Published on: 3 Jun, 2020
Pound facts - New South Wales
What should I do if my pet is missing?
After your cat or dog has been missing for more than 72 hours, you have 24 hours in which to notify your local council. If your dog is a restricted dog or a declared dangerous or menacing dog and is missing you must notify your local council within 24 hours of you first noticing it is missing. Local council contact details can be found here.
If your pet is microchipped and registered, once reported missing this ‘locks’ the microchip details on the pet registry so your pet cannot be sold or the ownership otherwise transferred. If your animal is found by police, they can take it to the nearest convenient pound and if your pet is found by a council officer they must take it to a pound in the area they operate. This means if you have lost your pet you should consider contacting pounds in neighbouring council areas. If your animal is a restricted, dangerous or menacing dog and is handed into a vet, the vet is required to contact their local council rather than scanning it and returning it directly to you.
If you take the animal to a vet practice, they can determine whether or not to contact the local council. The intention is that more pets are returned to their owners directly, reducing the impact on council resources and reducing the inconvenience placed on veterinarians, who are often left to house lost pets overnight and on weekends.
Are organisations required to scan the animal for microchip details?
Only those who are ‘approved persons’ have access to the pet register. Approved Persons are people who are authorised to access the information contained on the NSW Companion Animals Register for the purpose of reuniting injured and/or lost cats and dogs with their owners.
Approved people tend to be operators or employees of vet clinics, approved animal welfare organisations such as the RSPCA NSW, Animal Welfare League NSW and the Cat Protection Society of NSW. The access to the pet register is restricted as it contains personal information such as address details and contact numbers of pet owners.
The Office of Local Government operates the NSW Companion Animals Register and individuals must apply to it to become an approved person (this isn’t a transferrable application and is not a business application - it applies to the individual).
What is a stray animal exactly?
While the law doesn’t define what a stray cat or dog is as such, it does provide for circumstances in which an animal can be seized.
For dogs that includes:
when they are in a public place and not under the effective control of a competent person
when present in a prohibited public place
when the dog is present on the property of the person seizing the animal
in order to prevent damage to property.
For cats that includes:
When they are in a prohibited area and the owner is not present
for the cat’s protection
for the protection of any person or animal other than vermin.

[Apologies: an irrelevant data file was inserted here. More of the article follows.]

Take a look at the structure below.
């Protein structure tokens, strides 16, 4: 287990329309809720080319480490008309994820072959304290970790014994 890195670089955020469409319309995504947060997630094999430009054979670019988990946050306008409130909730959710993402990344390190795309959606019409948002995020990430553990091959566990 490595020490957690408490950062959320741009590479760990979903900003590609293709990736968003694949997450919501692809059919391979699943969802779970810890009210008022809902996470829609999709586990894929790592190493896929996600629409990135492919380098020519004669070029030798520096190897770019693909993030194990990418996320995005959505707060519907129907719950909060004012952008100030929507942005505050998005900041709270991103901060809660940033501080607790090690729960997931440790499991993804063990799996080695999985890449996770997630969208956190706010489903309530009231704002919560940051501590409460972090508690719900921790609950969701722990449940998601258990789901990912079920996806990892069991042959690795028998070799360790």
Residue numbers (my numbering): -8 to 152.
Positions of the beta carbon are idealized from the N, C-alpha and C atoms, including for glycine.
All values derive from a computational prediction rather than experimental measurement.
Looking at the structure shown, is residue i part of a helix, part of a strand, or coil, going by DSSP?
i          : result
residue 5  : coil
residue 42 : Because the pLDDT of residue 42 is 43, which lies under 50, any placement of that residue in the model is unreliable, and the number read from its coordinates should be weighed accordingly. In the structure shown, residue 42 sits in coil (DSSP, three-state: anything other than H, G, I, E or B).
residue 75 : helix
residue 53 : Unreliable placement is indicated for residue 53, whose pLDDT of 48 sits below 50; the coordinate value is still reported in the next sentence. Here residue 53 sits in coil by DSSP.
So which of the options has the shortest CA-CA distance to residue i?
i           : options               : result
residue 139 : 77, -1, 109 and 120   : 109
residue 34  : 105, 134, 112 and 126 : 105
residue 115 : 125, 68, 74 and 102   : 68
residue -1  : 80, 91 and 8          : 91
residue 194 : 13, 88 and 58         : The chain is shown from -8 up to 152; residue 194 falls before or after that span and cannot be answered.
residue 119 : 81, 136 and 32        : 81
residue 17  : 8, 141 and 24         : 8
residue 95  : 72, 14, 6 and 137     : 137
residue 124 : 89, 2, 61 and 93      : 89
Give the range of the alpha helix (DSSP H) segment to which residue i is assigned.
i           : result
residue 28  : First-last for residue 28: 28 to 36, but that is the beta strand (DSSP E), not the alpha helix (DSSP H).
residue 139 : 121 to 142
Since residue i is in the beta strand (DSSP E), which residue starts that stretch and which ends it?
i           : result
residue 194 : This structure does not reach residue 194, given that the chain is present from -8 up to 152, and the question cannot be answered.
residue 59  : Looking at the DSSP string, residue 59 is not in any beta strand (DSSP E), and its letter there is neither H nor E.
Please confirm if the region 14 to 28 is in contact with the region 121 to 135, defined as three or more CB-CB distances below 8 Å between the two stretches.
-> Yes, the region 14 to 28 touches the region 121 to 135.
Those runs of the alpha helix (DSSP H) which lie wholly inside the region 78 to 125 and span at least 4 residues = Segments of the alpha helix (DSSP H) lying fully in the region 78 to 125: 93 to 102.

Are councils required to collect stray animals?
While councils are not required to collect a stray if you contact them, they are required to take them in if seized and surrendered to them by a member of the public.
What happens when you or someone else seizes a stray animal?
You must by law, take the animal as soon as possible to its owner (if the owner can be identified) or to an approved animal welfare org or other approved premises (usually a vet practice) or a council pound. Animals can be scanned for a microchip, the owner's contact details obtained from the NSW Companion Animals Register and the owner contacted. A person who does not comply with this (i.e. the handing over of the seized animal) is guilty of an offence and may be liable for a penalty of up to $3,300. Approved animal welfare organisations mean any of the following:
the NSW RSPCA,
any other organisation approved by the Departmental Chief Executive by order published in the Gazette.
How long will my pet be held in the pound?
A pound can hold a microchipped animal for 14 days although the holding time varies from pound to pound. After the holding time has lapsed, the pound can sell or euthanise the animal. Animals that are not microchipped may be held for a shorter period of time (usually around seven days).
Is a payment required for collection?
The release fee for an animal can vary considerably between pounds. Some may charge a flat rate while others may charge a fee for every day that your animal is in their care while others may charge both.
Will they rehome or euthanise my pet?
Under the Impounding Act an impounding officer may immediately destroy any impounded animal if in their opinion it’s injured, diseased or severely distressed at the time of impounding, or if it is worth less than the cost of taking it to the pound.
Will my pet be desexed?
No, but if your animal is not de-sexed and you do not have an exemption (i.e. you are not a registered breeder) you may be fined for not de-sexing your animal. From 1 July 2020 owners of cats not de-sexed by four months of age will be required to pay an $80 annual permit in addition to the one-off lifetime pet registration fee. (exemptions exist i.e. breeders). If an animal remains unclaimed and is rehomed, they will either be desexed before being rehomed or provisions will be made for their desexing (e.g. voucher).
Who is responsible for registering/maintaining microchip details?
If a breeder/pet owner gets a vet to microchip their pet, the breeder/owner is responsible for ensuring information goes on the NSW Pet Registry. A vet will either directly enter the information to the Registry as a service for their customer or provide a doc with the required info for processing by your local council.
Under the Impounding Act any member of the public can inspect a pound’s records free of charge. These records must include the date of receipt and release of animals.